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Visa's credit card network has some serious security gaps

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December 5, 2016

Academics say that criminals can easily guess credit card numbers in as little as 6 seconds per attempt thanks to various security gaps in Visa's network.

Brute force attacks can allow criminals to rapidly bombard Visa with credit card payment requests across multiple sites with each attempt narrowing down the possible combinations until a valid card number and expiration date are determined by their effort.

Visa, unlike its competitor Mastercard, doesn't detect the flood of requests as unusual, the researchers say, and that's the root cause of the security issue.

Useful for criminals with only partial breach records of personal information, the attemtps work against the Alexa Top 400 online merchant sites, according to various findings in the whitepaper 'Does The Online Card Payment Landscape Unwittingly Facilitate Fraud?' written by Newscastle University's Mohammed Aamir Ali, Dr Leonardus Arief, Dr Martin Emms and professor Aad van Moorsel.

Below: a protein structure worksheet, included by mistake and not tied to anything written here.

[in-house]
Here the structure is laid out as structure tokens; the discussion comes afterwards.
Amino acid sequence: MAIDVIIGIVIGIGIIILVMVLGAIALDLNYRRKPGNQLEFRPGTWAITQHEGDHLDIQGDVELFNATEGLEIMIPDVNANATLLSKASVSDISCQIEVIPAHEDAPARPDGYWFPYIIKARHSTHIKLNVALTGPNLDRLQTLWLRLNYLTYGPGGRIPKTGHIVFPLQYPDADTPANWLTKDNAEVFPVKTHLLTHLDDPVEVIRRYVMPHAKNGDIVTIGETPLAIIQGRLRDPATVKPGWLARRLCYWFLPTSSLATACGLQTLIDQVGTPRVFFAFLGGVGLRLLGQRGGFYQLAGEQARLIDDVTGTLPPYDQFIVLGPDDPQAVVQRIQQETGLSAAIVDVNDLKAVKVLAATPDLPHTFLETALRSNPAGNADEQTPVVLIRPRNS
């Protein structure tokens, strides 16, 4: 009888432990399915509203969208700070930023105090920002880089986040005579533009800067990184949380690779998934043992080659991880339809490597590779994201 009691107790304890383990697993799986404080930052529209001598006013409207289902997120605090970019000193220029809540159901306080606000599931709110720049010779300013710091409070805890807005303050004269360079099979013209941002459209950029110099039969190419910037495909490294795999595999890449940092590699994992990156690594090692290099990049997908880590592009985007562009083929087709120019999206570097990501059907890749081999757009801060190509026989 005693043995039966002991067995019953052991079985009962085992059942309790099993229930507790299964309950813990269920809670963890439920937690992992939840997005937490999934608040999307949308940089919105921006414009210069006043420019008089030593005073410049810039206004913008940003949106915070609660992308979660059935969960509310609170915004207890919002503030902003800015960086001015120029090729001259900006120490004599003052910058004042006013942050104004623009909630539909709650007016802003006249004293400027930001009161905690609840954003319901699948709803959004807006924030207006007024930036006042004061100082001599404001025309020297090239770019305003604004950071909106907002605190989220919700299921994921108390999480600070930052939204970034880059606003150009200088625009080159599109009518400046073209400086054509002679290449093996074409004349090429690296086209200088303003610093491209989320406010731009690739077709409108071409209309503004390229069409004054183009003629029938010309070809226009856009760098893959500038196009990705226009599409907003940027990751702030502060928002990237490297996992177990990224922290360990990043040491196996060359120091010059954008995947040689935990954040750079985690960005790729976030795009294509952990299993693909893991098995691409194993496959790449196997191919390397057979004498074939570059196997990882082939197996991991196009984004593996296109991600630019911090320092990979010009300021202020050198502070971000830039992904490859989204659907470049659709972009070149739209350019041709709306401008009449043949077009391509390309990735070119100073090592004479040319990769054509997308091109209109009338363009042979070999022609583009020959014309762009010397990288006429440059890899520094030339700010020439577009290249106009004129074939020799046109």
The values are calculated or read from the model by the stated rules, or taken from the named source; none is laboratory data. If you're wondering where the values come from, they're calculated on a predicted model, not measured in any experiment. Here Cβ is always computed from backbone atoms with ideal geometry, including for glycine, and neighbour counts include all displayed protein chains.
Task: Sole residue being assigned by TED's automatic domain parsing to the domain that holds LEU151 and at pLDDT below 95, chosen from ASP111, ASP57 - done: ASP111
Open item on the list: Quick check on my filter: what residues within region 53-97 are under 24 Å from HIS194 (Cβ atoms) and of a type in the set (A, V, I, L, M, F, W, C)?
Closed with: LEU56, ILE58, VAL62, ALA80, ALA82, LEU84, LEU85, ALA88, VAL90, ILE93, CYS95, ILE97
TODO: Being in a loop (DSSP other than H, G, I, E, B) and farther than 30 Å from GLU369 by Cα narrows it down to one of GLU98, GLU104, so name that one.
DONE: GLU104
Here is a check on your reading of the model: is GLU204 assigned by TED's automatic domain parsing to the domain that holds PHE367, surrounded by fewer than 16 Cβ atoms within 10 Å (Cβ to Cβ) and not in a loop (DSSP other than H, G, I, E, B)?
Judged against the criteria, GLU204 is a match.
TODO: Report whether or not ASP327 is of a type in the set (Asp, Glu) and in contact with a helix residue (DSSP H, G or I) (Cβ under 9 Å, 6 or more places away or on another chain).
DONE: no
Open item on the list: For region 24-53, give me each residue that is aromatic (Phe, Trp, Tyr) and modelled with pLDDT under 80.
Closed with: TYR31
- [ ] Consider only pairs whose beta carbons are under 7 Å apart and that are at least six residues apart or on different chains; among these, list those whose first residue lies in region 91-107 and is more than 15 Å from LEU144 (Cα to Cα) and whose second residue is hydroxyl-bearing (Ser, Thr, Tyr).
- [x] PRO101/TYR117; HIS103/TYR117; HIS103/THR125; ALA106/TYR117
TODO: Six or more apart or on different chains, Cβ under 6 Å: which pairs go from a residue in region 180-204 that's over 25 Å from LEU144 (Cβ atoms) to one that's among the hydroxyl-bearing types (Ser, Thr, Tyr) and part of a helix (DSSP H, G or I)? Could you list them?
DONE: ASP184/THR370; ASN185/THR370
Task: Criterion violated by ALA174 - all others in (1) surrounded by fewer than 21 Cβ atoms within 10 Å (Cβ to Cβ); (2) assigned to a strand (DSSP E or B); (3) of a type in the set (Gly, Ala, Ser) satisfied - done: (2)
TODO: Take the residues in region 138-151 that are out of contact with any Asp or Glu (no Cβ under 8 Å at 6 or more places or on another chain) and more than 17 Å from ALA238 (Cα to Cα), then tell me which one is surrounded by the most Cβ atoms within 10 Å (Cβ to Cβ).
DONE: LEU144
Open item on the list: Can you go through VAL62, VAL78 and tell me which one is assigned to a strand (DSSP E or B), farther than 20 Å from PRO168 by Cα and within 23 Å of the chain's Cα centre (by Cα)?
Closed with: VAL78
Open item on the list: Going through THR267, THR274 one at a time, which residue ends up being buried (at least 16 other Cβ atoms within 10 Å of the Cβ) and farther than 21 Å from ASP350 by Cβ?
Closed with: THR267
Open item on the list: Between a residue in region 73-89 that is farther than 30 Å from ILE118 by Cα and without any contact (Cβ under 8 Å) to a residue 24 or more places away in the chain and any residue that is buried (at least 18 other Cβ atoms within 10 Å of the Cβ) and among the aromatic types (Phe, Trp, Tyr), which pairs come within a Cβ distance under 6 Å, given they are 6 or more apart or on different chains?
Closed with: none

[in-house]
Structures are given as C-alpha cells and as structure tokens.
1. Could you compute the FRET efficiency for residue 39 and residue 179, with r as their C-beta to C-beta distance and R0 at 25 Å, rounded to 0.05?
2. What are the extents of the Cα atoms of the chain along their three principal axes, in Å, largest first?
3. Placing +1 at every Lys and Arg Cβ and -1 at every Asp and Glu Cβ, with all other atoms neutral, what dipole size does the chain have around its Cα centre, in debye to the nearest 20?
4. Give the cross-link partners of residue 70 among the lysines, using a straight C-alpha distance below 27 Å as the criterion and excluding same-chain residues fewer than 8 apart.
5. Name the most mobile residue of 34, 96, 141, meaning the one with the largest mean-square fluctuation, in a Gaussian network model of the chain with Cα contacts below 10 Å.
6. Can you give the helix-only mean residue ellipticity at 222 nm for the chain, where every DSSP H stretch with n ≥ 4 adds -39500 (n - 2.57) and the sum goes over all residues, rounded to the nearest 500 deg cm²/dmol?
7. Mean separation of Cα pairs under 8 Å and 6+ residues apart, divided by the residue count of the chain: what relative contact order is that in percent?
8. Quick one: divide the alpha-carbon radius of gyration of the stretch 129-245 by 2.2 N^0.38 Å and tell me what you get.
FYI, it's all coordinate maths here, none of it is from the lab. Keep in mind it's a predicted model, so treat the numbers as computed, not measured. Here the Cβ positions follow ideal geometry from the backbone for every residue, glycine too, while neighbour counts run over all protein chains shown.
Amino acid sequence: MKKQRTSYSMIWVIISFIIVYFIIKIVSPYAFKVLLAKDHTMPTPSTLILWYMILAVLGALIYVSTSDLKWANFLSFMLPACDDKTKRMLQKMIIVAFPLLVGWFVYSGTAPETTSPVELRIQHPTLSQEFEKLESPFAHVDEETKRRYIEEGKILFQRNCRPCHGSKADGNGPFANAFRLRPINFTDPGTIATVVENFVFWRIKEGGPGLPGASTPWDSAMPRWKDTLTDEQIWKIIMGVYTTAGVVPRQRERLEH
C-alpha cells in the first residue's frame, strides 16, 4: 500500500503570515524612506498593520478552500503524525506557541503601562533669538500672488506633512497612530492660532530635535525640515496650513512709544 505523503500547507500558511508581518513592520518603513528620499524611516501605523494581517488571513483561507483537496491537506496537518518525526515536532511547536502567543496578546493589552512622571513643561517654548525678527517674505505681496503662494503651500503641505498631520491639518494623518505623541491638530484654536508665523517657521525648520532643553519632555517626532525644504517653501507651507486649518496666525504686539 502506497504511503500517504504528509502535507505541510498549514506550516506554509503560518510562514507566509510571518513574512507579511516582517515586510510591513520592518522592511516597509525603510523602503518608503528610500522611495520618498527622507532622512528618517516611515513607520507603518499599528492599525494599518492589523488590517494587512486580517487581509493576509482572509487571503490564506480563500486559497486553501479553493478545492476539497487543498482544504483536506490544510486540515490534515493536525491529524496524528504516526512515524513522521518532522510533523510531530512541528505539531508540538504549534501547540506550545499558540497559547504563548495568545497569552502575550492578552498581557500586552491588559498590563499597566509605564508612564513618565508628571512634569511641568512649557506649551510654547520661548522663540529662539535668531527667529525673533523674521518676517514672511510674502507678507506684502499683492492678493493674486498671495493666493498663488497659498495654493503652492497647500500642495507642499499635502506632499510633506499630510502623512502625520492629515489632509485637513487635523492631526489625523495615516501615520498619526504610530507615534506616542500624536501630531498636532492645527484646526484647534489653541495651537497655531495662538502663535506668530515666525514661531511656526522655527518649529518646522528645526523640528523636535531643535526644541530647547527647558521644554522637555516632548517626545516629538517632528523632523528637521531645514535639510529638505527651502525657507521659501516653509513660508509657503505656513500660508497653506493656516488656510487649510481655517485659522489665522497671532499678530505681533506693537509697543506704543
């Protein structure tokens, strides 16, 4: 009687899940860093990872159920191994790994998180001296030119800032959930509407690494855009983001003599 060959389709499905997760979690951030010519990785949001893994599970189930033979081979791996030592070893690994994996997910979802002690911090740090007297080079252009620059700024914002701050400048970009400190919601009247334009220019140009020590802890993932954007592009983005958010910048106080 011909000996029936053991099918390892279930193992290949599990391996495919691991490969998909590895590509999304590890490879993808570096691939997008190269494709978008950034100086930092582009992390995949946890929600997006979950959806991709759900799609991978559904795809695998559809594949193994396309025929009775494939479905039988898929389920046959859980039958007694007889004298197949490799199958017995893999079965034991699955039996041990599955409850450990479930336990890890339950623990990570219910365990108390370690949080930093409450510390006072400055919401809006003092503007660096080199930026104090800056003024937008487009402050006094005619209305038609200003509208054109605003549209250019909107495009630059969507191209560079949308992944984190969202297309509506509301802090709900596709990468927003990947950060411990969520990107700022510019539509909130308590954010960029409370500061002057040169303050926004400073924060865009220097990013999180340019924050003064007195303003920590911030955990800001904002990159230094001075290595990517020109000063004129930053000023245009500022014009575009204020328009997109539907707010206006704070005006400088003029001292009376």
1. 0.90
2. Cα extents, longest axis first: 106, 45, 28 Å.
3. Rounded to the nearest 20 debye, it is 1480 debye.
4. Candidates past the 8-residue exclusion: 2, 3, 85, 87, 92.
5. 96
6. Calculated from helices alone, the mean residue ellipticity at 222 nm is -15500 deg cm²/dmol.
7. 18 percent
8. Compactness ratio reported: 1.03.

"We investigated the Alexa top-400 online merchants’ payment sites, and realized that the current landscape facilitates a distributed guessing attack," the authors say.

This attack subverts the payment functionality from its intended purpose of validating card details, into helping the attackers to generate all security data fields required to make online transactions.

"Different websites present alternating sets of fields to identify the cardholder. This disparity inadvertently creates the perfect conditions for a scalable distributed guessing attack," the authors assert.

The attacks exploit the differences in authorization proofs under which some sites accept expiration dates while others require criteria like street addresses.

About seventy-eight percent (or 303 websites) of the affected merchants did absolutely nothing when the security team disclosed the attack. It is still unknown why no action was taken.

A handful of sites quickly updated their sites to use more secure mechanisms, while a few implemented some updates that made their checkouts even less secure.

The attacks rely on card-not-present fraud, in which merchants do not require the three-digit CVV number found on on cards' rear faces to authorize a credit card transaction.

Fraud of that type is increasingly uncommon in countries with advanced anti-fraud technology, with North America's established chip-and-PIN and advanced payment systems making it one of the tougher targets.

The researchers assert that all merchants should use standard payment authorization fields to knock out the ability for the attacks to scale. We'll keep you updated.

Source: Newscastle University.

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